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How to Buy a Franchise: Five Steps to Identifying the Right Market

As you research how to buy a franchise, keep in mind that identifying the right market for your business is one of the most important decisions you will make. Few factors can single-handedly make or break a business, no matter how many things you do right, like location. Selecting the ideal spot is just as critical as your product, staff and marketing. It sets the tone for your business and impacts what consumers think of your brand.

Finding the perfect location is something all owners must face, whether building their business from scratch or joining a site-based franchise system. Although the amount of support varies from company to company, most franchisors do provide a certain level of assistance. This help can be a big boost to getting your business off on the right foot. But, before you dive into the “where” of your location, you need to consider the “what.”

Select a Franchise Concept

Franchise concepts come in many different shapes and sizes. Franchisors often offer a variety of options to allow their franchisees to select the type of location that best meets the needs of customers in their community. Two of the most popular location set-ups are traditional and non-traditional.

Traditional Locations

Traditional locations are typically free-standing, meaning the business is located in a building used solely for the purpose of that business only. Such locations usually have their own dedicated parking lots.

Non-Traditional Locations

Non-traditional locations operate in a smaller footprint, typically within the confines of another property like a mall, airport, college campus, military base, hotel, convention center or a store in store within a smaller business like a pharmacy or hardware store. Non-traditional locations can also include carts and kiosks. This type of setup can be one of the best ways to get started in franchising since these locations often have reduced franchise fees, lower overall startup costs, lower real estate fees and require fewer employees.

Once you determine the type of location you would like to open, you can focus on identifying the right market. Here are five steps to help ensure you’re setting your business up for success as you learn how to buy a franchise.

Identify the Right Market

  1. Compare urban areas and rural communities – Rural markets are smaller and generally mean fewer customers, but that can actually work to your advantage. Fewer customers also means fewer businesses, which means less competition and increased visibility. Affordability is another advantage of a rural market. The cost of doing business tends to be lower than in urban areas thanks to cheaper real estate, utilities and other operating expenses. Some franchisors even offer financial incentives to open a location in a rural market, which can help boost profitability.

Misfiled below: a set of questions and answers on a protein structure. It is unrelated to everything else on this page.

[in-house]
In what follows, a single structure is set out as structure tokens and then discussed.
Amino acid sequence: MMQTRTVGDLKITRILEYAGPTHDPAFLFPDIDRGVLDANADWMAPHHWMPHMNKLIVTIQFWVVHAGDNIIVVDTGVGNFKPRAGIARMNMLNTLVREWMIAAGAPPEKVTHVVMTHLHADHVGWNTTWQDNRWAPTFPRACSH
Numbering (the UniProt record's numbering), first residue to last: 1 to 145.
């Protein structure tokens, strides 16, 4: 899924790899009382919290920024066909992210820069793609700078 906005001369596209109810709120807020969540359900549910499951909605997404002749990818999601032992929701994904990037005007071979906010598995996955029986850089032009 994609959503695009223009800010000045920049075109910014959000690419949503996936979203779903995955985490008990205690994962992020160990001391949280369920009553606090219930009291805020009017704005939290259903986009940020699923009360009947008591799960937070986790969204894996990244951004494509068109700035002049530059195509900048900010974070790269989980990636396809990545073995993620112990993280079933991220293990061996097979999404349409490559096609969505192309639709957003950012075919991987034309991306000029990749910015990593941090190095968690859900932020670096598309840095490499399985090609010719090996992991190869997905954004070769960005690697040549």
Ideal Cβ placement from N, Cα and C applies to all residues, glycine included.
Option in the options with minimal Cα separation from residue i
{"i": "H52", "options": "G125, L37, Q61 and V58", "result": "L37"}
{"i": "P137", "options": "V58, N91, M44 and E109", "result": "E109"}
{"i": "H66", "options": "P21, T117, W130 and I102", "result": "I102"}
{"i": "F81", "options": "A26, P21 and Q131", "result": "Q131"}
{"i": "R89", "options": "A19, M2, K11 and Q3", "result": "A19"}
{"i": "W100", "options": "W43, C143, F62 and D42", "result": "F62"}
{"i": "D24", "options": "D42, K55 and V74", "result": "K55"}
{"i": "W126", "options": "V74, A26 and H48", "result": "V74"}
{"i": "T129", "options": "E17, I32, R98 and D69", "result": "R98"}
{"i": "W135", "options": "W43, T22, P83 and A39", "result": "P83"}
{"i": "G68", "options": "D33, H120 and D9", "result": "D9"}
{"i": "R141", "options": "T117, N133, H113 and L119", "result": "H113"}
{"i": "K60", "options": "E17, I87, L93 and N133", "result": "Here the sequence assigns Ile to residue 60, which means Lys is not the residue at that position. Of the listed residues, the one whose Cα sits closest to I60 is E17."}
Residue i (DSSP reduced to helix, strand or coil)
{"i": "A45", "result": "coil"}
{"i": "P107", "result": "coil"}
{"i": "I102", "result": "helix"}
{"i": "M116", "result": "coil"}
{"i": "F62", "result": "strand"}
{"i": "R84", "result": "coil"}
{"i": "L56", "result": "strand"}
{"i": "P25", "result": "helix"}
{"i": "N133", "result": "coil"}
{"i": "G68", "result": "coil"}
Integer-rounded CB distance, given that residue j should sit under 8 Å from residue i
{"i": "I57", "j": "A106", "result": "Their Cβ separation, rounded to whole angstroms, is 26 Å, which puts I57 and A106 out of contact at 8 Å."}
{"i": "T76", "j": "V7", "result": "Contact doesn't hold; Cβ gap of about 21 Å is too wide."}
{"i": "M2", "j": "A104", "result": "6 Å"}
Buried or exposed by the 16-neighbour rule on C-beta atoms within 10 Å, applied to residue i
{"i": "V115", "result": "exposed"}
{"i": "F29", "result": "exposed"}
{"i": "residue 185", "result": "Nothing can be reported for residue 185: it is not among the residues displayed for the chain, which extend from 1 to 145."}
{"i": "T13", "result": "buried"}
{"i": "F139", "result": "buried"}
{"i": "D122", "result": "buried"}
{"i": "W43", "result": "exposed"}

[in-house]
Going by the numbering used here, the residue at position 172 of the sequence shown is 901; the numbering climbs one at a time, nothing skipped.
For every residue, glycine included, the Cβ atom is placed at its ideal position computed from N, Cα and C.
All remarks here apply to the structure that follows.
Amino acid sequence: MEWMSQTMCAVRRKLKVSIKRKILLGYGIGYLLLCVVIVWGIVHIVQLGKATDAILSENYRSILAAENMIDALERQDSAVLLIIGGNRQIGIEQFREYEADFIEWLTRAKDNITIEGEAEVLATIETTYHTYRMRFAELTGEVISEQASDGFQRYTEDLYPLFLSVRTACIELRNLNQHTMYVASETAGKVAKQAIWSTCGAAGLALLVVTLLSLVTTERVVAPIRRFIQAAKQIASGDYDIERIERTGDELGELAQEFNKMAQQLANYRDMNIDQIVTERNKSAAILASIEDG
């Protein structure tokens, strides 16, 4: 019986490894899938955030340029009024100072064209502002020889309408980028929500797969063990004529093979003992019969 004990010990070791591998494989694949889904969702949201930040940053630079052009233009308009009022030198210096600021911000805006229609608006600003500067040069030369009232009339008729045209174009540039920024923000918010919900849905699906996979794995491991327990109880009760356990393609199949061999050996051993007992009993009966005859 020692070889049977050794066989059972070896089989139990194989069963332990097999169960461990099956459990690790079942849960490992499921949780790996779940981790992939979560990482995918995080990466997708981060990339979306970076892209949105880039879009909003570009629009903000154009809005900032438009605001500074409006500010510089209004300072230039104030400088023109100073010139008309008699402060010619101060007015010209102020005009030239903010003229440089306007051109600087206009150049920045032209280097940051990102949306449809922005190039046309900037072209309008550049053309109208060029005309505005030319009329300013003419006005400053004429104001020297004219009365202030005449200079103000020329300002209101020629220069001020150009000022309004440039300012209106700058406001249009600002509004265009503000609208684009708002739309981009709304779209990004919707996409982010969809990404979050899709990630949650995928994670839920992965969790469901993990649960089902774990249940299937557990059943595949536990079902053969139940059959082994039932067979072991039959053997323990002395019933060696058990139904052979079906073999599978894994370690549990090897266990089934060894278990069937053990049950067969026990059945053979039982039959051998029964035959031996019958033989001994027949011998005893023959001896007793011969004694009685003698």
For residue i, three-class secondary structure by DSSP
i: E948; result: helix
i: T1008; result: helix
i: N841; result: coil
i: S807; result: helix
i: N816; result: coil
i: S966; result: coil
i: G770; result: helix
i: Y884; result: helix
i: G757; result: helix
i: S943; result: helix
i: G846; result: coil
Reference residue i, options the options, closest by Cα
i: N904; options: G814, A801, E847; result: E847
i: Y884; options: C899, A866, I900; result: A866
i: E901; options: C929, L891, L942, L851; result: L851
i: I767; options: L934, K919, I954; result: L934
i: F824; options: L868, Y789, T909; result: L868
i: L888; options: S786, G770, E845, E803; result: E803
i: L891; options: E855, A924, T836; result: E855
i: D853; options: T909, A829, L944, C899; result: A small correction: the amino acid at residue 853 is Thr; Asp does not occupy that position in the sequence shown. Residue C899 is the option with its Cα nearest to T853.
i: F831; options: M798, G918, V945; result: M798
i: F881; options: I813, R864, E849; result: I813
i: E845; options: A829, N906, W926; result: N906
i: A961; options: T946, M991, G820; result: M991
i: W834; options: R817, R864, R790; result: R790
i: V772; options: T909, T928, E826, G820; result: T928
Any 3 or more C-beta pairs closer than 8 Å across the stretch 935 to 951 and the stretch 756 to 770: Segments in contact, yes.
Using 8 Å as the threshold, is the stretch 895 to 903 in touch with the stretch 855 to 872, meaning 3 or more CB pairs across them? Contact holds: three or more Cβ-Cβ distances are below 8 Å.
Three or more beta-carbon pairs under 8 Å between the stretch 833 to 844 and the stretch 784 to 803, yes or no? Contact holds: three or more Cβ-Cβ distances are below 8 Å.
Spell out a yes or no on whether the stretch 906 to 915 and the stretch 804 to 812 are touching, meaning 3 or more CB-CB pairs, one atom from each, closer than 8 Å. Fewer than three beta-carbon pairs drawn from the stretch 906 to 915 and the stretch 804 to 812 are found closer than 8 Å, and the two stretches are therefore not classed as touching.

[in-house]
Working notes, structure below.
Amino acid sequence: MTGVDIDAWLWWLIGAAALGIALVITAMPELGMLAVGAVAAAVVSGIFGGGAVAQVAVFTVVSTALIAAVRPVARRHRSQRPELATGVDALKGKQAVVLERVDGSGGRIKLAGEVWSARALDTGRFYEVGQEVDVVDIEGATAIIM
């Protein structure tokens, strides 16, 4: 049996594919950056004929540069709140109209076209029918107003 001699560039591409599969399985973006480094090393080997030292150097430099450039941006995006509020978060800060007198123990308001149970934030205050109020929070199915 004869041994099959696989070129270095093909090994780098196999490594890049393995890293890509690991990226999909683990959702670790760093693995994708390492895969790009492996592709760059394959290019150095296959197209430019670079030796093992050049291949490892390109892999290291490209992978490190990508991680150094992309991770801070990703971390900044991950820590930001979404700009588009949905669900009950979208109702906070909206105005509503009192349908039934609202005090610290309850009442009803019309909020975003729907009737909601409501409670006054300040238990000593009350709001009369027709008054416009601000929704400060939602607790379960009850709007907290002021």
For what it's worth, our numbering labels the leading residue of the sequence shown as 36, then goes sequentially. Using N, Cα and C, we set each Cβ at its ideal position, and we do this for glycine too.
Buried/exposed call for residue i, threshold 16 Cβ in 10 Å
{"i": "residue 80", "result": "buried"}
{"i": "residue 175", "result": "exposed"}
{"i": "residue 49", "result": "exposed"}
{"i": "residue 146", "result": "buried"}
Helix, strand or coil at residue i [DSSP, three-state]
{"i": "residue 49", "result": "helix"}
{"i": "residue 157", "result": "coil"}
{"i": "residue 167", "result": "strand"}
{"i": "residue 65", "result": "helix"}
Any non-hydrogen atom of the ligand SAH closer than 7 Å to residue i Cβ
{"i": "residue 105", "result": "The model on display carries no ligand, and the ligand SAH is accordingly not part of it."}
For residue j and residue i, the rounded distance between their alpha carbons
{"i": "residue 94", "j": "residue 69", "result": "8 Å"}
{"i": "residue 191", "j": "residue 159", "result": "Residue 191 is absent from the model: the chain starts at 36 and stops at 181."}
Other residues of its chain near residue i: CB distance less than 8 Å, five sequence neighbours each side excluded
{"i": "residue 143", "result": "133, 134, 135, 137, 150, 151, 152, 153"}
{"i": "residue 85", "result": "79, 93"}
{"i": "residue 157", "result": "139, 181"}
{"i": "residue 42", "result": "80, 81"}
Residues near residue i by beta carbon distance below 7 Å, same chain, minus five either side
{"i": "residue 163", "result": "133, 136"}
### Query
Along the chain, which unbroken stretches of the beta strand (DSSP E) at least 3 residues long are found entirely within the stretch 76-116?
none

2. Assess the competitive landscape – Are there businesses similar to the one you would like to open nearby? Depending on the level of demand in the area, competition could actually be a good thing. You might be able to secure the customers the others can’t accommodate. If there aren’t any similar businesses nearby, consider why. A lack of competition could indicate that there aren’t enough customers in the area to support the business.
  3. Consider accessibility and visibility – Factor in how easy the location is to find and get to by car as well as via public transportation (in urban areas). If the location is away from the main shopping area or tucked behind another business, it could be easily overlooked by customers. Also consider traffic patterns - how often people frequent the area and what brings them there like sporting events, movie theaters, retail shops, etc.
  4. Evaluate the neighborhood – Find out what the surrounding neighborhood is like. Is it up-and-coming or regressing? Check with the city or community planning office to find out what future construction projects are planned for the area and review zoning regulations to ensure there are no limitations that would impact your business. Also, look at the demographics of the area. Be sure enough of the population matches your customer profile to support your business.
  5. Review your budget – Depending on the area, how much you can afford could have a significant impact on location. Keep in mind that the rent or lease alone isn’t the total cost; there may be additional taxes or fees. The amount and type will vary depending on the location and whether you buy or rent. Don’t forget to factor in the average cost of utilities and insurance as well as hidden costs like renovations or upgrade installations, building maintenance and security.

Although most franchise systems assume you’ll do most of the legwork when selecting a location, the process is usually a team approach between you, the franchisor, a real estate agent or broker and a lease attorney. Some franchisors help alleviate the stress of identifying the right market by maintaining listings of open markets prime for development as well as existing units that are up for sale and ready for business. Perhaps one of the most helpful things you can do is to talk to existing franchisees about their experience opening a franchise location. This will help set expectations as you learn how to buy a franchise to achieve your dream of ownership.